Dr. Roder's ultimate goal is to discover new treatments for schizophrenia, anxiety, epilepsy, depression and other mental disorders. The various projects in the lab are being pursued by intelligent, hardworking and successful students and post-docs.

A student who just finished his PhD (Bechara Saab) showed the overexpression of neuronal calcium sensor 1 in part of the mouse brain led to enhanced cognition at the level of spatial learning, memory, and exploration. A current PhD student, Ho-suk Mun, is analyzing exploration in wild type mice treated with RNAi for ncs-1 and our ENU ncs-1 mutant that expresses less than half of wild type protein levels. Another new MD/PhD student is analyzing this pathway for mental illness (Enoch Ng). In 2007 we made mutant mice in the DISC1 gene which showed either schizophrenia or depression endophenotypes depending on the location of the mutation. A PDF in my lab (Tatiana Lipina) is studying all the genes in various brain regions altered in these mutant mice. An MSc student (Lia Mesbah-Oskui) showed that these DISC1-L100P mice have aberrant place cell firing, which is a new endophenotype for schizophrenia. Another MD student (Alex McGirr) made and characterized an ENU mutant in the PDE4B gene, which is known to interact with DISC1. His mice are resistant to PTSD. Another PhD thesis in 2011 by Greer Kirshenbaum showed our myshkin mice are a model for mania. A PhD thesis by Laleh Sinai showed that brain Src plays the role of LM in vivo. Another PhD student (Viviane Labrie) completed her PhD thesis on the role of D. serine in schizophrenia.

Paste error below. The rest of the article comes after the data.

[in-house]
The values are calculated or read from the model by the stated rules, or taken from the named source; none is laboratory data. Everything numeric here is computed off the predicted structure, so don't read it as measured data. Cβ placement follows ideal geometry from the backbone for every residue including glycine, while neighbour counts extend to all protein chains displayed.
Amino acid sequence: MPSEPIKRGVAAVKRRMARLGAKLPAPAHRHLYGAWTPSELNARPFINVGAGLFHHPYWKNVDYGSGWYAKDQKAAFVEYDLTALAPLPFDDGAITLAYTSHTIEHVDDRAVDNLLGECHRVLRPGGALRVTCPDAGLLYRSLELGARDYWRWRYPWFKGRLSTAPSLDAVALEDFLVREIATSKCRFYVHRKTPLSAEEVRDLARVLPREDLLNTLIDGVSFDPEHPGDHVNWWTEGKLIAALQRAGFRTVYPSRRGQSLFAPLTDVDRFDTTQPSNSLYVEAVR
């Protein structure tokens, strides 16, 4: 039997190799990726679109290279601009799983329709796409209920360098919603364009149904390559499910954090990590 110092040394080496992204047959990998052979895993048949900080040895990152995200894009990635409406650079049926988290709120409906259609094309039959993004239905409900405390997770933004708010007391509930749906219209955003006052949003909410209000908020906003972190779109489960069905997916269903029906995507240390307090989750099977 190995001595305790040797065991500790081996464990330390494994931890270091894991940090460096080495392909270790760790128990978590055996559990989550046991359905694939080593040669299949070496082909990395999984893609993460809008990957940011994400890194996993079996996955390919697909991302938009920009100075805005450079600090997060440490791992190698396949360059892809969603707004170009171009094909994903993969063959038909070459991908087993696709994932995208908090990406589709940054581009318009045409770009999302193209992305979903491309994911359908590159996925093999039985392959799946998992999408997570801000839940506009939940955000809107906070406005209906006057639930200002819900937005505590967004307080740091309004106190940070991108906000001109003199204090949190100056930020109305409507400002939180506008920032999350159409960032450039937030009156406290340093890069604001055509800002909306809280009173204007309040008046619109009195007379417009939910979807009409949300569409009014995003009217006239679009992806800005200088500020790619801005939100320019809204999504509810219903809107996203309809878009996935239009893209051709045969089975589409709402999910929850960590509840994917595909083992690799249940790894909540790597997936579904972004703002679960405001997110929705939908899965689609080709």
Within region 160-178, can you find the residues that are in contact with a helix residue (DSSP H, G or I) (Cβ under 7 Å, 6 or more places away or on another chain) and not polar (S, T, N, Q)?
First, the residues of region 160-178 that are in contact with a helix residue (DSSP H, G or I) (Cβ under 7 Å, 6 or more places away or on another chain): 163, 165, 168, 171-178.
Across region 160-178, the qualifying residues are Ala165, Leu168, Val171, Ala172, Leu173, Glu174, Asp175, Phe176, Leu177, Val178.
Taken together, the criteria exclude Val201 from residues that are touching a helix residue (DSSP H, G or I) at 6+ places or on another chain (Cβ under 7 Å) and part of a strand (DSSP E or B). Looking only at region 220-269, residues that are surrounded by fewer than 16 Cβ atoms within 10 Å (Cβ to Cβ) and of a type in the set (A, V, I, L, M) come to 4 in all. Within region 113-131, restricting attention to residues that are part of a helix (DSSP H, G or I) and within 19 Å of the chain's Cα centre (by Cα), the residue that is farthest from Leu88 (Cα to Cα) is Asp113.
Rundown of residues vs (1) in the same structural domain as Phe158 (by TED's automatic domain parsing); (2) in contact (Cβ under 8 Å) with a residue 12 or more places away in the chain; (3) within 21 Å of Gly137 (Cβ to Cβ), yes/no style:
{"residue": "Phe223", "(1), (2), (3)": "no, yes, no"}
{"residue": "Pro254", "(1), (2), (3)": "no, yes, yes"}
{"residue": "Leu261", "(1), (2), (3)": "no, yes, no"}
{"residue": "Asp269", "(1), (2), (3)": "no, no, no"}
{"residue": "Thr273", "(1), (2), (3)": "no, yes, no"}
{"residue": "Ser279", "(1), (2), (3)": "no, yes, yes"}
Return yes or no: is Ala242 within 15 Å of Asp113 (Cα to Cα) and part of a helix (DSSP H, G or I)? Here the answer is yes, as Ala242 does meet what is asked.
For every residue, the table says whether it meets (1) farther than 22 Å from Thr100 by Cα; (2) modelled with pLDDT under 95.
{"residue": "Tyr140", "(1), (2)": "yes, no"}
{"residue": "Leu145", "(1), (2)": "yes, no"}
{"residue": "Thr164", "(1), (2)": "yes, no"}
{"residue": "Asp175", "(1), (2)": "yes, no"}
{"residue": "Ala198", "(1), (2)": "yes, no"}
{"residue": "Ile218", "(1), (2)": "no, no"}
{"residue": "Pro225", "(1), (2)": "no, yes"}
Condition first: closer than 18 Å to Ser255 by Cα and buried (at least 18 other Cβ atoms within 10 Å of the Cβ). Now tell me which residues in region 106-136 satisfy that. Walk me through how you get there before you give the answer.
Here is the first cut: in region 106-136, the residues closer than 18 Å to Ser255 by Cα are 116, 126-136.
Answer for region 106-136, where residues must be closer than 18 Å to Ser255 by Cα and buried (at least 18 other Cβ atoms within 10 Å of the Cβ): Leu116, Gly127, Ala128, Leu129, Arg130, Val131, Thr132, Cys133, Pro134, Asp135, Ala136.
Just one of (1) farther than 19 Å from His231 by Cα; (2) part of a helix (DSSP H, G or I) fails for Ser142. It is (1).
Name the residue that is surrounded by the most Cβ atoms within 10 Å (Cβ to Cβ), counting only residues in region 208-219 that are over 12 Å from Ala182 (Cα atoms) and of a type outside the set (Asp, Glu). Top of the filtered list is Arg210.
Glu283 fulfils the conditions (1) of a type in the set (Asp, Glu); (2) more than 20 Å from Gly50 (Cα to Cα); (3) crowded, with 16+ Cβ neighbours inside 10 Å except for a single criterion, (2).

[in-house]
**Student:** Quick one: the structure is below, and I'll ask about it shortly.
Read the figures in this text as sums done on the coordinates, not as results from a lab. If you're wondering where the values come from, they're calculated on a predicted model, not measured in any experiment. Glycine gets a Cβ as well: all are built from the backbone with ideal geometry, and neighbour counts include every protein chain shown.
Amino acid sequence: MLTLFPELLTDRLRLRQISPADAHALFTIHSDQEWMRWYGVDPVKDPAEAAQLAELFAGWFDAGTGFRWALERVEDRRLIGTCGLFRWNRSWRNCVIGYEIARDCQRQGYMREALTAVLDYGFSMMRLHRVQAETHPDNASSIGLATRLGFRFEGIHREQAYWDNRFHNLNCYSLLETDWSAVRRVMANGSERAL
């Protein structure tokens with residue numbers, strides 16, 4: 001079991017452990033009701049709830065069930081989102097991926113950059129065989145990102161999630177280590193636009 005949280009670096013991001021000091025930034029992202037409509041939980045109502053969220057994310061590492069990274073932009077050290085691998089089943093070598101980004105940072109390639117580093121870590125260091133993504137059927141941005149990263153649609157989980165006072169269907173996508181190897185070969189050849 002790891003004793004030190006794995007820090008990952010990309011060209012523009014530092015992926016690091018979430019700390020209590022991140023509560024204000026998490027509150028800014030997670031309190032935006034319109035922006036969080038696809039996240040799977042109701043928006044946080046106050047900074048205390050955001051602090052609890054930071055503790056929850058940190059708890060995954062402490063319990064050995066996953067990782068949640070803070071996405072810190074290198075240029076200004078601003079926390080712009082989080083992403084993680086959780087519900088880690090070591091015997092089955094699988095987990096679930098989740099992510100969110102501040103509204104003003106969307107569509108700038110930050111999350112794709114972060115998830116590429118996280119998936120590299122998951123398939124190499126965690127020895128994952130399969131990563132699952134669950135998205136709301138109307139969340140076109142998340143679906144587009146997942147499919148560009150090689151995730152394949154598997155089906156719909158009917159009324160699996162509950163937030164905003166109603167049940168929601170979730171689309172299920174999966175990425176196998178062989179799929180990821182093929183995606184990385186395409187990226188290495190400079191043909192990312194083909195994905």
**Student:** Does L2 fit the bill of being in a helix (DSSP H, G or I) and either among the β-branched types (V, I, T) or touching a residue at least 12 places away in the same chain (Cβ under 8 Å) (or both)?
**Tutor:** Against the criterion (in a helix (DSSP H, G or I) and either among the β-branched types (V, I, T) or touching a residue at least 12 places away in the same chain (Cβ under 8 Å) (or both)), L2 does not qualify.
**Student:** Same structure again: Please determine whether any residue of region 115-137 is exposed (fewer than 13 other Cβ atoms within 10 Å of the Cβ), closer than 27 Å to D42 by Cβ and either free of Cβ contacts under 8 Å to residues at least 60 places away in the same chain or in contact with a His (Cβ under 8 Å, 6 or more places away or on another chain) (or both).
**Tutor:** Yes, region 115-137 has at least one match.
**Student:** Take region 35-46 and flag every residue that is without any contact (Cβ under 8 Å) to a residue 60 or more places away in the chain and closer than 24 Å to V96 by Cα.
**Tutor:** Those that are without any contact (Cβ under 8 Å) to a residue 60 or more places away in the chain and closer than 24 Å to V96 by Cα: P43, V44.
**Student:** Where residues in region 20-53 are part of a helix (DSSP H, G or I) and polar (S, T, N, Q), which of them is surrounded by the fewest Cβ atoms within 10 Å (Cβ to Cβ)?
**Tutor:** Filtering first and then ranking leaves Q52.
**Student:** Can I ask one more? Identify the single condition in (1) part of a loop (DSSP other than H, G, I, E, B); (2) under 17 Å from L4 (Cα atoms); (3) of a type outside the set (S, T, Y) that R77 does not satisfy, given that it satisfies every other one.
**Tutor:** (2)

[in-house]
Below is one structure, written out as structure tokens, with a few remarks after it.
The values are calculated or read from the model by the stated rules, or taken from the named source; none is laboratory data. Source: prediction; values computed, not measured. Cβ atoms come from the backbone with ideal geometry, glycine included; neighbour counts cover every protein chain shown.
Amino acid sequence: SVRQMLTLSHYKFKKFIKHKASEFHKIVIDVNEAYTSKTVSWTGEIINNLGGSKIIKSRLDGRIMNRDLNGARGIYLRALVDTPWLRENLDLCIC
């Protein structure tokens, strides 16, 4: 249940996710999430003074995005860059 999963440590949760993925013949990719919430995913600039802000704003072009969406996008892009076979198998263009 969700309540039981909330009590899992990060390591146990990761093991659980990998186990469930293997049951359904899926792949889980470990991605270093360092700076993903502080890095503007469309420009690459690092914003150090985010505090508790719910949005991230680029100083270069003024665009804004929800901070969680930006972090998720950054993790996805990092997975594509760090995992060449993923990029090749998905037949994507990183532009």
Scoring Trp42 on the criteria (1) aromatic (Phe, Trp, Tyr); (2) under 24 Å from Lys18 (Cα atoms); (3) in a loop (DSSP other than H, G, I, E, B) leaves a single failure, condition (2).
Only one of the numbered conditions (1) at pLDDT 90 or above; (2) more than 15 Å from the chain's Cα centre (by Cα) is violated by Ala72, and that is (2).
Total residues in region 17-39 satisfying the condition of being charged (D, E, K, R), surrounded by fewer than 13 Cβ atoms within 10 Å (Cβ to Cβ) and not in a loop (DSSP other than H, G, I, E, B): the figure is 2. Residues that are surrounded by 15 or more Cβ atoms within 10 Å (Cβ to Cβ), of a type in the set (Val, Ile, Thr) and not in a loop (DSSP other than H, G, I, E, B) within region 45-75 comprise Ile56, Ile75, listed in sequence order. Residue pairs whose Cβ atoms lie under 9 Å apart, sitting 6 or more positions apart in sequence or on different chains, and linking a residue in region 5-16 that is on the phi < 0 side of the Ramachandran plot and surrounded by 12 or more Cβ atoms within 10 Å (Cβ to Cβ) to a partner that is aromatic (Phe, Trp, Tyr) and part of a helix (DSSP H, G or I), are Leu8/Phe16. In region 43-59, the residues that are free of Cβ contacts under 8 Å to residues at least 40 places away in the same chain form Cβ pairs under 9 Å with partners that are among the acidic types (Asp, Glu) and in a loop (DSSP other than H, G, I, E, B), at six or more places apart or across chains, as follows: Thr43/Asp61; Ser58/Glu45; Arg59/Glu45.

Also visit:
► Neurobehaviour Core at the Lunenfeld (